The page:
The resulting film was subjected to a 180 degree peeling test using Strograph E-L manufactured by Toyo Seiki Seisaku-sho, Ltd. The test was carried out at a temperature of 23° C. and a peel speed of 300 mm/min.

The peel strength of the liquid crystalline composition layer/UV-3400 was 30 gf/inch.

The film was attached via a non-carrier tacky adhesive onto a 2 mm thickness sode-lime glass plate. Over the film was attached a polarizer (SQW-862 manufactured by Sumitomo Chemical Co., Ltd.) such that the aligned direction (rubbing direction) of the composition was aligned with the absorption axis of the polarizer. This sample was observed through the polarizer on a backlight and found to be a uniform film. After the sample was kept in a thermostat whose temperature was set at 90° C., for 24 hours, it was taken out therefrom and similarly observed. As a result, any particular change or disorder in the alignment was not observed.

Example 3

In 9 ml of cyclohexanone were dissolved 0.08 g of the acrylic compound 5 synthesized in Reference Example 5, 0.80 g of the side chain liquid crystalline polyacrylate 13 synthesized in Reference Example 13, and 0.12 g of the dioxetane compound 17 synthesized in Reference Example 17, followed by addition of 0.10 g of a propylene carbonate solution of 50 percent of triarylsulfonium hexafluoroantimonate (a reagent manufactured by Aldrich Co.) at a dark place and filtration of insolubles with a polytetrafluoroethylene filter with a pore size of 0.45 μm thereby preparing a solution of a liquid crystalline composition.

The same procedures of Example 1 were repeated except for using this solution. The PEN film was released. The resulting liquid crystal film had no defect in peeled portion and was a uniform monodomain liquid crystal film.

As a result of observation of the resulting film through a polarizing microscope, it was confirmed that the film exhibited a uniform monodomain liquid crystal alignment having no disclination. The Δnd viewed from the front was 97 nm. The Δnd viewed from a position tilted at an angle of 40 degrees from the vertical direction along the rubbing axis was 140 nm while the Δnd viewed from the opposite position tilted at an angle of −40 degrees was 41 nm. The both Δnds were asymmetrical. From these observations, it was recognized that the film had a nematic hybrid aligned structure because there was no point wherein the Δnd is zero nm at any angle. The average tilt angle was 39 degrees. The thickness of the liquid crystalline composition layer was 1.08 μm.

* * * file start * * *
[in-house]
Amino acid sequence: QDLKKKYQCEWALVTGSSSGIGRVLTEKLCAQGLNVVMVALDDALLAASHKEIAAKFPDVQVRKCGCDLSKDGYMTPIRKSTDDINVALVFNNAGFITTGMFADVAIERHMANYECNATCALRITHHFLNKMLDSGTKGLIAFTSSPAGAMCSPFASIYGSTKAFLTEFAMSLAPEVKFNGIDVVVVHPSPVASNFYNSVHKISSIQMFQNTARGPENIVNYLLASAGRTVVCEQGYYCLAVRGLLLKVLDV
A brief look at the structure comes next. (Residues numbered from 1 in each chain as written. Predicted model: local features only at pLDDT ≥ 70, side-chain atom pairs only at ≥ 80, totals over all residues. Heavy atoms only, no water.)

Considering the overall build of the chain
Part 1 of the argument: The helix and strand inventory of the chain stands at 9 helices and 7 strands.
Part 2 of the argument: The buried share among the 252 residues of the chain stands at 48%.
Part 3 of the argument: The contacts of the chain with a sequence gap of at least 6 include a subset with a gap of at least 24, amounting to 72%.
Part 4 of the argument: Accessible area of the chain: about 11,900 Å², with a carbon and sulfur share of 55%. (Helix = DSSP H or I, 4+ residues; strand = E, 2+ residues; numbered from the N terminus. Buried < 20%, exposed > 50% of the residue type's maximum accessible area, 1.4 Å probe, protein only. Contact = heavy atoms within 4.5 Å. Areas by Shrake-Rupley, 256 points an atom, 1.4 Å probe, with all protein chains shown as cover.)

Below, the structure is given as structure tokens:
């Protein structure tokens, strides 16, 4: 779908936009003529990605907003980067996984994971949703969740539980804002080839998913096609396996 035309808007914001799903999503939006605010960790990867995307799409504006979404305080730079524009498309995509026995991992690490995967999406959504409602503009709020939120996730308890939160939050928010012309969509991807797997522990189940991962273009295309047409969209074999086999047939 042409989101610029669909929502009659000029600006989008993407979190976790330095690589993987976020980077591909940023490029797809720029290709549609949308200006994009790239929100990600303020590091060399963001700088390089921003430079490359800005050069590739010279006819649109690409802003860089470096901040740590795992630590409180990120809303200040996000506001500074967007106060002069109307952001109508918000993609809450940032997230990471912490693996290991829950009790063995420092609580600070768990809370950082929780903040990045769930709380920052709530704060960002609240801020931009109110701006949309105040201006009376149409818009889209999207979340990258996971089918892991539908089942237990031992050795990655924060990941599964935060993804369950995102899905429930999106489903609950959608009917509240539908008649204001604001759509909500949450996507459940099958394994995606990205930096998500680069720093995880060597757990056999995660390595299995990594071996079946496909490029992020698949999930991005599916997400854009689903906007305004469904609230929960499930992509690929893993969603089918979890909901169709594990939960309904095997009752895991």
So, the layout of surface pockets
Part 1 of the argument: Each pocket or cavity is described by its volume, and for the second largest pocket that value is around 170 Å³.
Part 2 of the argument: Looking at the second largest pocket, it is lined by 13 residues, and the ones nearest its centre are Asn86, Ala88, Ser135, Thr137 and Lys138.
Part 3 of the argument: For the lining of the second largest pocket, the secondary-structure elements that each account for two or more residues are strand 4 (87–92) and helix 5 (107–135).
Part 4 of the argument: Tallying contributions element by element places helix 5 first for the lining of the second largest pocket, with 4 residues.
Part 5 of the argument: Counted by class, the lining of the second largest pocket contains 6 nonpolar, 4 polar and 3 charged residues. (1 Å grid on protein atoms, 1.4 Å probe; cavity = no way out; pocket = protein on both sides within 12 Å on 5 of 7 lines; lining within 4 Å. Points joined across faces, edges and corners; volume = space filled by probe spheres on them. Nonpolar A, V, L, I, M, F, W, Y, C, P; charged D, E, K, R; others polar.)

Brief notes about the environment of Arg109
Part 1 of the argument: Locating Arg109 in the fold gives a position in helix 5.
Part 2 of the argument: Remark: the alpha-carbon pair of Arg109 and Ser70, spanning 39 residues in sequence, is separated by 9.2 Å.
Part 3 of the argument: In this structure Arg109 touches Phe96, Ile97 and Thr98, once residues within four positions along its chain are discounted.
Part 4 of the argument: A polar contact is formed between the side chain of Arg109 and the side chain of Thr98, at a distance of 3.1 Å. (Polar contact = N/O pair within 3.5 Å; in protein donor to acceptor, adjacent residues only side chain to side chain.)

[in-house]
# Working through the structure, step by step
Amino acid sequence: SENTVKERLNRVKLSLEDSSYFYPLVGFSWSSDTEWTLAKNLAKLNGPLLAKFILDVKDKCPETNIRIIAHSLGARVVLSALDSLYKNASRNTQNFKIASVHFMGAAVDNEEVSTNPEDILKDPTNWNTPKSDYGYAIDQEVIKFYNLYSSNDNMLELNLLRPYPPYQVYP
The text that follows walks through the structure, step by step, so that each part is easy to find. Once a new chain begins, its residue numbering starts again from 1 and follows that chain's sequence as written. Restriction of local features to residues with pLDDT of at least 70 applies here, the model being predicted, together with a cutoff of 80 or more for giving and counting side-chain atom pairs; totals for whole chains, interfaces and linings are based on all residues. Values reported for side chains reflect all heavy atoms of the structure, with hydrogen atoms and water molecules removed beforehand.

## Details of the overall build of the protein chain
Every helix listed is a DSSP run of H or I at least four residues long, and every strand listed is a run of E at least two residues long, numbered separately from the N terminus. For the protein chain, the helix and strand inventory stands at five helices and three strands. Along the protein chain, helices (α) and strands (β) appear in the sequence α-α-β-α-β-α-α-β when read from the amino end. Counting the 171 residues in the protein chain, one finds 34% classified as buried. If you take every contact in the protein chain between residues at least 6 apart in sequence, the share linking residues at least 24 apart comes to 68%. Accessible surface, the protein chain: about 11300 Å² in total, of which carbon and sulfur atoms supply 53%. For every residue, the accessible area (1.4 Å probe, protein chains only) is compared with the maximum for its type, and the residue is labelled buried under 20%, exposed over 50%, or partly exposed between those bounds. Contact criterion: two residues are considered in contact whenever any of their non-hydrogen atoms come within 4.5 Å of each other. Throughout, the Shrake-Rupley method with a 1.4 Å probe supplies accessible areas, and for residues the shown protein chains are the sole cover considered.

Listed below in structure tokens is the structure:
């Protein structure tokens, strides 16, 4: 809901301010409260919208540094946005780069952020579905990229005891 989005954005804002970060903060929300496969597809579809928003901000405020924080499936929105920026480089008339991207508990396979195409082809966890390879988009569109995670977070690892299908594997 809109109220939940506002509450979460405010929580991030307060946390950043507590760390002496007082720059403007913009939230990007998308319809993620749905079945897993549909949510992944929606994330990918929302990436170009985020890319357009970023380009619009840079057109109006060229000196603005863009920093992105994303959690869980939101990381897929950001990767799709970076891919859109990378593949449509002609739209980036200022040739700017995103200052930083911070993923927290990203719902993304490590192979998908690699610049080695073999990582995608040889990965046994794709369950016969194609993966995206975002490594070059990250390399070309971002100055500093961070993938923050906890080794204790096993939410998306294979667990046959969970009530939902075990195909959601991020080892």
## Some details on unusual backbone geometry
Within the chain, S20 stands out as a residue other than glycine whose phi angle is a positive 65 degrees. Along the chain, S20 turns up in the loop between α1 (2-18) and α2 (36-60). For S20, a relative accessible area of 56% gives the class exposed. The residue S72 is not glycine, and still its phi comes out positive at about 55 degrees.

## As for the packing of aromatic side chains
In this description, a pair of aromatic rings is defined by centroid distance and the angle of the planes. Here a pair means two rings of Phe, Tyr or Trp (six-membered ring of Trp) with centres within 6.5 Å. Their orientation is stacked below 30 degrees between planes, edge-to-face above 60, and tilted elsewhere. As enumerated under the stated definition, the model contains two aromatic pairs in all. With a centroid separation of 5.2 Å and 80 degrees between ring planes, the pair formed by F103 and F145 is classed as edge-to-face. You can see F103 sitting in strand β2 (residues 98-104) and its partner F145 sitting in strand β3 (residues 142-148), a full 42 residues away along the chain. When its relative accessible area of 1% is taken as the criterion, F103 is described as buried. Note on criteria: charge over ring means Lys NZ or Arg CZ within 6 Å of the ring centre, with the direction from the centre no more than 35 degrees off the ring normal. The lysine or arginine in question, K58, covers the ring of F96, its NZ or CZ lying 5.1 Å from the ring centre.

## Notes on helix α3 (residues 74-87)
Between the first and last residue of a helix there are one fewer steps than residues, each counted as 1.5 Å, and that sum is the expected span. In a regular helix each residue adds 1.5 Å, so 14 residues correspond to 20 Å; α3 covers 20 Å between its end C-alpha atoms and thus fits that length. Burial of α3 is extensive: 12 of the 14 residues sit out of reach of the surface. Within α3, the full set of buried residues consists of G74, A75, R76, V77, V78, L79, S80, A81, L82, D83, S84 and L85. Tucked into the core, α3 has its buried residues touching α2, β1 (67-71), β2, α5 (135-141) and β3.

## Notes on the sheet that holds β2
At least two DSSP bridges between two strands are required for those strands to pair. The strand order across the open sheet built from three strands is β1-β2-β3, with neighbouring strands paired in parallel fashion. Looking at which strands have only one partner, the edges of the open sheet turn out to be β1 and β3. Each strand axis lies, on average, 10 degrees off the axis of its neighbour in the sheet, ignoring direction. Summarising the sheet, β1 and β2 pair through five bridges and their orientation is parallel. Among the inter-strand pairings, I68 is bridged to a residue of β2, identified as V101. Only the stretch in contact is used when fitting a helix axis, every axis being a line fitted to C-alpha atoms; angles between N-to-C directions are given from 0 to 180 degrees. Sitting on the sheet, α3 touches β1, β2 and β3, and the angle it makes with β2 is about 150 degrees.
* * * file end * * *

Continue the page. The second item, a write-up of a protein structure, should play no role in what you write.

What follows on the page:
Further, ultraviolet curing type adhesive “UV-3400” with a thickness of 5 μm was coated over the liquid crystalline composition layer and laminated with a TAC film. The laminate was subjected to an irradiation of ultraviolet light of 400 mJ/cm2 from the TAC film side so as to cure the adhesive thereby producing a film with a layer structure of TAC/UV-3400/liquid crystalline composition layer/UV-3400/TAC. The resulting film was subjected to a 180 degree peeling test using Strograph E-L manufactured by Toyo Seiki Seisaku-sho, Ltd. The peel strength of the liquid crystalline composition layer/UV-3400 was 38 gf/inch.

The film was attached via a non-carrier tacky adhesive onto a 2 mm thickness sode-lime glass plate. Over the film was attached a polarizer (SQW-862 manufactured by Sumitomo Chemical Co., Ltd.) such that the aligned direction (rubbing direction) of the composition was aligned with the absorption axis of the polarizer. This sample was observed through the polarizer on a backlight and found to be a uniform film. After the sample was kept in a thermostat whose temperature was set at 90° C., for 24 hours, it was taken out therefrom and similarly observed. As a result, any particular change or disorder in the alignment was not observed.

Example 4

In 9 ml of cyclohexanone were dissolved 0.08 g of the acrylic compound 6 synthesized in Reference Example 6, 0.80 g of the side chain liquid crystalline polyacrylate 14 synthesized in Reference Example 14, and 0.12 g of the dioxetane compound 16 synthesized in Reference Example 16, followed by addition of 0.10 g of “UVI-6992” (a 50 percent propylene carbonate solution) manufactured by DOW Chemical Company at a dark place and filtration of insolubles with a polytetrafluoroethylene filter with a pore size of 0.45 μm thereby preparing a solution of a liquid crystalline composition.

The same procedures of Example 1 were repeated except for using this solution. The PEN film was released. The resulting liquid crystal film had no defect in peeled portion and was a uniform monodomain liquid crystal film.

As a result of observation of the resulting optical film through a polarizing microscope, it was confirmed that the film exhibited a uniform monodomain cholesteric liquid crystal alignment having no disclination. The film had a selective reflection light peculiar to the cholesteric alignment when viewed from the front. When the transmission spectrum of the liquid crystal film was evaluated through a spectroscope, a region wherein the transmitted light peculiar to the selective reflection was decreased was observed around 580 nm in the visible light region. The thickness of the liquid crystalline composition layer was 0.89 μm.